chapter 1 THE champion
“I feel confident that in the years ahead many of the remaining outmoded barriers to women’s aspirations will disappear.”
—Eleanor Roosevelt, chairwoman of President John F. Kennedy’s Commission on the Status of Women, 1962
Perched at the starting blocks, about to compete for the United States at the 1964 Olympic Games in Tokyo, Japan, champion swimmer Donna de Varona gathered her thoughts.
Four years earlier, as a tiny thirteen-year-old, she had been the youngest member of the 1960 U.S. Olympic team. At fourteen she was featured on the cover of Sports Illustrated. The magazine called her “without question, the best all-around woman swimmer in the world.”
Across America many cities were in turmoil as African Americans rallied and demonstrated for basic civil rights. A few women were beginning to speak out for more opportunities.
But Donna’s life was a blur of school and sport, including at least four hours of swimming a day, six days a week. Her dad, an insurance salesman, and her mom, who worked at a library, had sacrificed so their second child could shine. The family of six moved to Santa Clara, California, from Lafayette so Donna could train at a world-class swim club. They scrimped to pay for coaching and trips to swim meets in Japan, Europe, and South America.
Intensely focused, Donna de Varona swims the butterfly on the way to a gold medal at the National AAU swimming-and-diving championships in 1964.
Donna’s progress was remarkable. By her midteens she had broken numerous U.S. and world records. Most notably, she was the world record holder in the most challenging of swimming events, the 400-meter medley, a grueling combination of butterfly, backstroke, breaststroke, and freestyle laps. Now, at seventeen, she was competing for the ultimate prize: Olympic gold.
Night after night, she had rehearsed this moment just before she went to sleep. “I’ve got my head on the pillow and I’m in that Tokyo pool. I say to myself, ‘What have those seven years of work been for? You know you’re in shape. There is no reason anyone should beat you.’ ”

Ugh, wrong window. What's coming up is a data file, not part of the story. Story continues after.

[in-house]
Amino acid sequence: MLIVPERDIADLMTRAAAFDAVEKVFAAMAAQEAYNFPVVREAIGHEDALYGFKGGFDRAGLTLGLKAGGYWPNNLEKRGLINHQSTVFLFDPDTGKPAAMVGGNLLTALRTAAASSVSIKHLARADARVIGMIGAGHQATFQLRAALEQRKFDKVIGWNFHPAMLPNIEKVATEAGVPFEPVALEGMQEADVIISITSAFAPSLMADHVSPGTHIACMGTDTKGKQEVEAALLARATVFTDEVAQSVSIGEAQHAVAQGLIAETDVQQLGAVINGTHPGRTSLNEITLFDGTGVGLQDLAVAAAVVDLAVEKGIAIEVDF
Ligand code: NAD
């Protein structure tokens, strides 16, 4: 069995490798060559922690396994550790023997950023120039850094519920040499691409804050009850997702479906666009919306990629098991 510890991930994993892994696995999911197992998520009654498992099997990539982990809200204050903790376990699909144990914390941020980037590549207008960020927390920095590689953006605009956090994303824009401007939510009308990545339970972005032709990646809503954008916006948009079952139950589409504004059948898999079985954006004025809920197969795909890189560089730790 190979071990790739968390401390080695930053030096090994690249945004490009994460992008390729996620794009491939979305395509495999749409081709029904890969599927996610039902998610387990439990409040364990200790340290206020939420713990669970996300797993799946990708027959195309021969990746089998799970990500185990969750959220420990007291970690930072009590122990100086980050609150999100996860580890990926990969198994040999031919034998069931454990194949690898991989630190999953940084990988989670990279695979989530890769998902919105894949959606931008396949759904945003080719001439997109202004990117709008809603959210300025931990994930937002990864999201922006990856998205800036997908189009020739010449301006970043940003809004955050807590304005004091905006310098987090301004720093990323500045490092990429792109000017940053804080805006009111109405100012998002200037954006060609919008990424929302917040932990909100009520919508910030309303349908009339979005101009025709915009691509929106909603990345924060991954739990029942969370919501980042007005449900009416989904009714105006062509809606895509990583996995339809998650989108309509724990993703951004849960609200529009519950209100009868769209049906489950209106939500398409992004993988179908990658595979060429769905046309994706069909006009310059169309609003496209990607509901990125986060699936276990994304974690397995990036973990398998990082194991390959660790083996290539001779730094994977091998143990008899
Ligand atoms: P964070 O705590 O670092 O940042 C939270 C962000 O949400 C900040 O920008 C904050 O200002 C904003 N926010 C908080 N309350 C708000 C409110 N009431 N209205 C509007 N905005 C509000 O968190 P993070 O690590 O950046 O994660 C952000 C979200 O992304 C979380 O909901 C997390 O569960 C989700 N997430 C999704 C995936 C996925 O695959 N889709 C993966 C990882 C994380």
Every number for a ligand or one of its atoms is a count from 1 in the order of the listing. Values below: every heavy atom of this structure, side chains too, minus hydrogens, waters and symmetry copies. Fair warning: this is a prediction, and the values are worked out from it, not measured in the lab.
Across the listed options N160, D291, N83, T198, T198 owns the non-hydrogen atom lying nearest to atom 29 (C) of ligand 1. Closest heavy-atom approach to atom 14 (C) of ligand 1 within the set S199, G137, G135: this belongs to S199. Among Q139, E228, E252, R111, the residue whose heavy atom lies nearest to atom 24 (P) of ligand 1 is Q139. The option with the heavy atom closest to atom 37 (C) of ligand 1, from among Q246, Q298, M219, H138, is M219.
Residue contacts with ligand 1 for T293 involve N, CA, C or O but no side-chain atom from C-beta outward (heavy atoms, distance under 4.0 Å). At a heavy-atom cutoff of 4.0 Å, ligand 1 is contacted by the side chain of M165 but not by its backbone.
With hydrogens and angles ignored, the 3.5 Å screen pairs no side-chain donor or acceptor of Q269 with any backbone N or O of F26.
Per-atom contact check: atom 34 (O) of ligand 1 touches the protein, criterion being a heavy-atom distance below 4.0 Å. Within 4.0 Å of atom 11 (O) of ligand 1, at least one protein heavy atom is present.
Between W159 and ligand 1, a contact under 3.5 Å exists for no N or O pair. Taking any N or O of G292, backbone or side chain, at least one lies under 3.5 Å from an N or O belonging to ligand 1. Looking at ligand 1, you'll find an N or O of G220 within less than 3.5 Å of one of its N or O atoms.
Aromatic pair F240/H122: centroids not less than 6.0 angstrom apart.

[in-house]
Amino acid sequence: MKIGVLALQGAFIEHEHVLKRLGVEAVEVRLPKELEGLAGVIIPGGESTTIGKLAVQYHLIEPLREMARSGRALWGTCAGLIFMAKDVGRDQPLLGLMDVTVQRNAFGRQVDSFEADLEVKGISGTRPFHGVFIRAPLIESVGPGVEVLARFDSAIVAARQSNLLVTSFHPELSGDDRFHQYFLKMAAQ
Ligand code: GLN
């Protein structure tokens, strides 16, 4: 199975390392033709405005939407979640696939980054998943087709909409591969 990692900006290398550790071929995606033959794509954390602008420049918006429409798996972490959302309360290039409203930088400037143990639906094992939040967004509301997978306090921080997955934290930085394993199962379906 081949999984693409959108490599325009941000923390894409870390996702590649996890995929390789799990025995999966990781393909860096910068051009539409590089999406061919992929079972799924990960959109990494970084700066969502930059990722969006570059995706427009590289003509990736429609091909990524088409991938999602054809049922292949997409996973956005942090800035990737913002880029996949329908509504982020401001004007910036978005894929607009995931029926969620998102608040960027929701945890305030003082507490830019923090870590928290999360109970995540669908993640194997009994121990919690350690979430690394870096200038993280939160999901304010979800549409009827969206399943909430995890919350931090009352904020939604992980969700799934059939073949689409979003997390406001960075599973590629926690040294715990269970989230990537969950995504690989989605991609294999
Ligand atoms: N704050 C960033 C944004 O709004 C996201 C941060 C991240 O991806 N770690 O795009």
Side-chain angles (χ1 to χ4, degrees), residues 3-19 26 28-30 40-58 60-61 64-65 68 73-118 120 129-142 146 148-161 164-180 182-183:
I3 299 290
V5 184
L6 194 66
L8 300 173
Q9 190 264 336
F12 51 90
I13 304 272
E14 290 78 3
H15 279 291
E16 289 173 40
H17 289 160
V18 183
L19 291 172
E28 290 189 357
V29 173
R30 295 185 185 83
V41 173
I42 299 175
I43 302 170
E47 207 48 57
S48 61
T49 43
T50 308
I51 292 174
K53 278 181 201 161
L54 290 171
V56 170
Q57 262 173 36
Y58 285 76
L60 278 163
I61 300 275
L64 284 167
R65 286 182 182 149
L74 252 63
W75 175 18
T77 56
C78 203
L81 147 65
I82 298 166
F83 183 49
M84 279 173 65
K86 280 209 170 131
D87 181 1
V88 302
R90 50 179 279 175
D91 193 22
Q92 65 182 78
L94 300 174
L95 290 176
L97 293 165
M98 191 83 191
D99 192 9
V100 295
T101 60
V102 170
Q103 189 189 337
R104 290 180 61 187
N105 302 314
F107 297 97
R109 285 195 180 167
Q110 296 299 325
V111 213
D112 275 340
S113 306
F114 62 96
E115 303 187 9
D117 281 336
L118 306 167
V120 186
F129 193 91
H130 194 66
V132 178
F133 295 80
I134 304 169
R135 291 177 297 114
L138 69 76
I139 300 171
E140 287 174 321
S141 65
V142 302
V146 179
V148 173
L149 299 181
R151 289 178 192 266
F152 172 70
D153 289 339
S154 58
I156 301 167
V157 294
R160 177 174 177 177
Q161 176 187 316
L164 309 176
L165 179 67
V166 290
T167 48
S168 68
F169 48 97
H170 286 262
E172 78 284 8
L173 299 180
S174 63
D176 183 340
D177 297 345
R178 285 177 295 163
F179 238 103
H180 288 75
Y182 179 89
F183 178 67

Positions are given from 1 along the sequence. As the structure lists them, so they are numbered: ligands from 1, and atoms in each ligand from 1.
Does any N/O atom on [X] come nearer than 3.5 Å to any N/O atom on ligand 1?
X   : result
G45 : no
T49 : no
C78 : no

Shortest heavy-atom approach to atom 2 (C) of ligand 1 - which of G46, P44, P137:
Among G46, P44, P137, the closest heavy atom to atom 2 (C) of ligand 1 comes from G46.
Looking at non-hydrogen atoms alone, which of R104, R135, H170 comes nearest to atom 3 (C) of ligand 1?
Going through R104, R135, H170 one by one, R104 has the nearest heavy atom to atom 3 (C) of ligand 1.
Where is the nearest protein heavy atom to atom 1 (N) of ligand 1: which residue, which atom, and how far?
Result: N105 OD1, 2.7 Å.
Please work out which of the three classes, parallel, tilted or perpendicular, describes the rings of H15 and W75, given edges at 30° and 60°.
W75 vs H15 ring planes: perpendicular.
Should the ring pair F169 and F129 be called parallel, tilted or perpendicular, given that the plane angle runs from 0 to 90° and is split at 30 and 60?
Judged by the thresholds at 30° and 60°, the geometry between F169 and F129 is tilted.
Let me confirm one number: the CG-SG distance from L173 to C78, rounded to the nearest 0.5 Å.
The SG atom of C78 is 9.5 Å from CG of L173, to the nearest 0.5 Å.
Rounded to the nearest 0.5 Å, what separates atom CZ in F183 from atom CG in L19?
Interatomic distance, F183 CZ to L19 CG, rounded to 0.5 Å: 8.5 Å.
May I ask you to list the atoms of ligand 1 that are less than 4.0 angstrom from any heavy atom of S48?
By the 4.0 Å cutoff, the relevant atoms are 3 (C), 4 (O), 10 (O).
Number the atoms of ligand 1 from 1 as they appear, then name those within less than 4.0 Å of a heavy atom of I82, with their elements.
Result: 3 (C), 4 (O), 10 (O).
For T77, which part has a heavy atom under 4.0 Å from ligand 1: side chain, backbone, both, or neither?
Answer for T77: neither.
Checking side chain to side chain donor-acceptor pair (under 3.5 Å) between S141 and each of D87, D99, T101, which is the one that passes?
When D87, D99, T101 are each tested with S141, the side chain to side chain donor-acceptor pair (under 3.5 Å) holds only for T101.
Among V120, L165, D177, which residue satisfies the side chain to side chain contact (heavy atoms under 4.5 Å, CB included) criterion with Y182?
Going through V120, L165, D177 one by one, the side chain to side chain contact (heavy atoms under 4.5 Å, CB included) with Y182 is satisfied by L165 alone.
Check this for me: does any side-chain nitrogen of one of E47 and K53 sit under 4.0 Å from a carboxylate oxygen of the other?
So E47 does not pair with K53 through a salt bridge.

Donna’s first love had not been swimming, but baseball. In elementary school she hurried out after school to join the boys in pickup games. But when the boys moved up to Little League, girls weren’t allowed on their teams. All she could do was collect the bats. She quit after one season because “being that close and not being able to play hurt too much.”
After her older brother hurt his knee and began swimming as part of his rehabilitation, she followed him to the pool and found her sport. She swam in her first meet at the age of ten.
In the pool she grew into a focused athlete, determined, intense, and competitive. But on dry land she took great pains to look pretty and well dressed like the other girls. After practice in the morning, she would rush to the locker room and sit on the concrete floor, styling her hair under a hooded hair dryer while she ate scrambled eggs from a Thermos.
In the 1960s girls were known as the “weaker” or “fairer” sex, and they were supposed to be dainty, not strong. Very self-conscious about her muscular, sculptured arms, Donna hid them under long sleeves at school. “I really wanted to look feminine,” she said.
In the pool, however, she was all strength. When the starter’s gun popped in October 1964, she whipped through her two best strokes, the butterfly and the backstroke, and then endured the breaststroke. As she made the turn for the last leg, she let loose. “I just want to go,” she said in Life magazine. “That’s what I’m here for—to get that gold medal, boy. It’s free-style. Gung ho. Guts out.”
She won, setting an Olympic record.
Donna returned home as a national hero with two gold medals, one in the medley and another in a 400-meter relay. The Associated Press and United Press International both named her “Most Outstanding Female Athlete of the Year.” She was an athlete on top of the world.
Then, suddenly, her swimming career was over.
The best boy swimmers were offered scholarships to continue swimming in college. But there were no such scholarships for the best girls in the world. Few colleges even had any kind of women’s sports program. Though she was just a high school senior, “there was no future—no scholarships, no programs, no way I could continue to swim,” she said.
Donna knew that if she wanted to be as successful in the world as she had been in the pool, she needed a college education just like the men did—but she would have to pay for it herself. Society assumed that educating men was more important than educating women. That realization made her feel like her hard work had been discounted, “that what I’d won seemed somehow cheaper,” she said. “It was a devastating feeling.”
Donna de Varona holds one of the two gold medals she won at the Tokyo Olympic Games.
The experience made her determined to make a difference, to ensure that other girls wouldn’t face the same discounted future. Many other women and men were beginning to share a similar determination. Across America too many women were being denied a chance to reach their true potential. Too much precious American talent was being wasted in too many areas. From California to Washington, D.C., they were beginning to call for change.